People who argue that a hypothesis is inappropriate for a qualitative study do so because they believe that a hypothesis leads a researcher to approach the subject in a biased way. The researcher, it is believed, will tend to want to confirm the hypothesis.
In a quantitative study, this is not a problem. This is because the researcher will get numerical data that will prove or disprove the hypothesis. In a qualitative study, by contrast, the "data" must be interpreted. Since the researcher has to give meaning to the data, it is important not to have a preconceived notion of how the data will come out.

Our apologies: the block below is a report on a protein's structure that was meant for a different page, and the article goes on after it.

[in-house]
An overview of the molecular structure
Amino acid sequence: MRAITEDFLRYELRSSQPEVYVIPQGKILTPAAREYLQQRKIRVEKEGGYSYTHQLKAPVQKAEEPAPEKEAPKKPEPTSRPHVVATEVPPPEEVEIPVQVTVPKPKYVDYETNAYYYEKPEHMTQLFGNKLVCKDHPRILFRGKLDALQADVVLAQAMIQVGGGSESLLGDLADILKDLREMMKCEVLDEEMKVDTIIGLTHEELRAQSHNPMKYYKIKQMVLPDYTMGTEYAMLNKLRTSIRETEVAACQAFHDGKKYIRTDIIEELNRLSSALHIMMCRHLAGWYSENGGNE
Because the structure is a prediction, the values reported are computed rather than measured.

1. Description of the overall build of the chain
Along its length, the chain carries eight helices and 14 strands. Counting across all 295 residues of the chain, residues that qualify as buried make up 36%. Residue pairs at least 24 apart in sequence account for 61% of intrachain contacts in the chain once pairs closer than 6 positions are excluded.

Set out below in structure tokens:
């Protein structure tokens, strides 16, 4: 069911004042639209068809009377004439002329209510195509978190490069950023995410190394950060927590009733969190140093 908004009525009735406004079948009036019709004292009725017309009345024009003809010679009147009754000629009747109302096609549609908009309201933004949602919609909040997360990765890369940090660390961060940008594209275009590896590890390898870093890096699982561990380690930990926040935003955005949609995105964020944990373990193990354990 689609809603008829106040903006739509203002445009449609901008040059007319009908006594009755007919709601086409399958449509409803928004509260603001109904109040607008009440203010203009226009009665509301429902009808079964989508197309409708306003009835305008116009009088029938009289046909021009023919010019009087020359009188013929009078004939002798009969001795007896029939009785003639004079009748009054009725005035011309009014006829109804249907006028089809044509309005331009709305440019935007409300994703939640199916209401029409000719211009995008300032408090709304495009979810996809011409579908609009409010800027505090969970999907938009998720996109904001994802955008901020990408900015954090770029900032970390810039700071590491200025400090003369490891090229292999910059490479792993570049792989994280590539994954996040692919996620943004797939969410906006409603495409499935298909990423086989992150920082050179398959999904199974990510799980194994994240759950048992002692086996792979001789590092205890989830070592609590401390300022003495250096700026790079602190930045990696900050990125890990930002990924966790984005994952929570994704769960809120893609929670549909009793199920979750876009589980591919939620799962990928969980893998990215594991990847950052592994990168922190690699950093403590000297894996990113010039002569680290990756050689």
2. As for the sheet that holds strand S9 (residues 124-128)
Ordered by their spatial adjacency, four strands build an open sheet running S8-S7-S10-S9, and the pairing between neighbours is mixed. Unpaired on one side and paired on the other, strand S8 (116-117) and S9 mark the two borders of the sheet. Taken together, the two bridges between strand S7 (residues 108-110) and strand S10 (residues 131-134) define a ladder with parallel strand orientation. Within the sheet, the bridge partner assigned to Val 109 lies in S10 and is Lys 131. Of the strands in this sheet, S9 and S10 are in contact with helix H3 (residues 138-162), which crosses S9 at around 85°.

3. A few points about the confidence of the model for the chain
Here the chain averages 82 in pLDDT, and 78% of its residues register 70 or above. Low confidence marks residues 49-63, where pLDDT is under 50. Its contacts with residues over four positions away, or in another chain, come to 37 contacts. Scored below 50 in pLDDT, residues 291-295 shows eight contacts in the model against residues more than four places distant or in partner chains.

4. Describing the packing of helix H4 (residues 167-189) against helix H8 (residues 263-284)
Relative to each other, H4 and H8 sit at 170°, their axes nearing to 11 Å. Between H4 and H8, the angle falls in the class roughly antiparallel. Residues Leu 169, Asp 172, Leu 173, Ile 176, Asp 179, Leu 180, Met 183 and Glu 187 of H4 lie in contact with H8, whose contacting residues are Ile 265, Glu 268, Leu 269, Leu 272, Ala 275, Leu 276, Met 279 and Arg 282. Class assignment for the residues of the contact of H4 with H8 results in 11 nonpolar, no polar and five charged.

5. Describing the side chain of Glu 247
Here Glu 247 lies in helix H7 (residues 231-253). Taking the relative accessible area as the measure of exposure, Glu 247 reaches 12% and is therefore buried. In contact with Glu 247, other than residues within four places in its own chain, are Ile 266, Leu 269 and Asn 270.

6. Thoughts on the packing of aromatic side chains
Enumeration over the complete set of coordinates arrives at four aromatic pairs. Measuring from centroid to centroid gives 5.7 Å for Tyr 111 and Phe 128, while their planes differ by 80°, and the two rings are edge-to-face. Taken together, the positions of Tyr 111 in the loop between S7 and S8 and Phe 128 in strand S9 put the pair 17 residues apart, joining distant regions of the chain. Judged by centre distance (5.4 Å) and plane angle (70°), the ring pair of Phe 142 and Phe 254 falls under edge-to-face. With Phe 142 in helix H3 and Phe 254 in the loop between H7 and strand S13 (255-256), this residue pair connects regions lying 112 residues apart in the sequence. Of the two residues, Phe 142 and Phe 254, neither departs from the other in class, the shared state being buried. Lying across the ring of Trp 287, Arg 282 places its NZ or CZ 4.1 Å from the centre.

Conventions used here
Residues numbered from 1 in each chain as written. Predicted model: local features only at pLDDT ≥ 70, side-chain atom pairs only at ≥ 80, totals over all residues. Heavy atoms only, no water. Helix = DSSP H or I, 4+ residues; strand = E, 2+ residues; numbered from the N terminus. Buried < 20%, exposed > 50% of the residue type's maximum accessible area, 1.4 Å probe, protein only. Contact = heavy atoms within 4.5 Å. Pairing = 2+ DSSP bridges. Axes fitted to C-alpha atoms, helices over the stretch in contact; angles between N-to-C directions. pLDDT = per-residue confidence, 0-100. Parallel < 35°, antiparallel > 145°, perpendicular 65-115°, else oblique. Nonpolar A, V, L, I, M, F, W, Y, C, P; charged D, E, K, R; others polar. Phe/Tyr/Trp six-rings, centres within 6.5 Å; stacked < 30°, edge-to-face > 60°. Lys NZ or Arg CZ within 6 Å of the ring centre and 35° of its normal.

Therefore, in a qualitative study, one should ask things like "how will levels of education affect quality of life" rather than stating a hypothesis such as "people with lower educational levels will generally experience a lower quality of life than those with more education." Stating it as a hypothesis will generally lead the researcher to look for ways to support the idea that the quality of life is lower for less-educated people.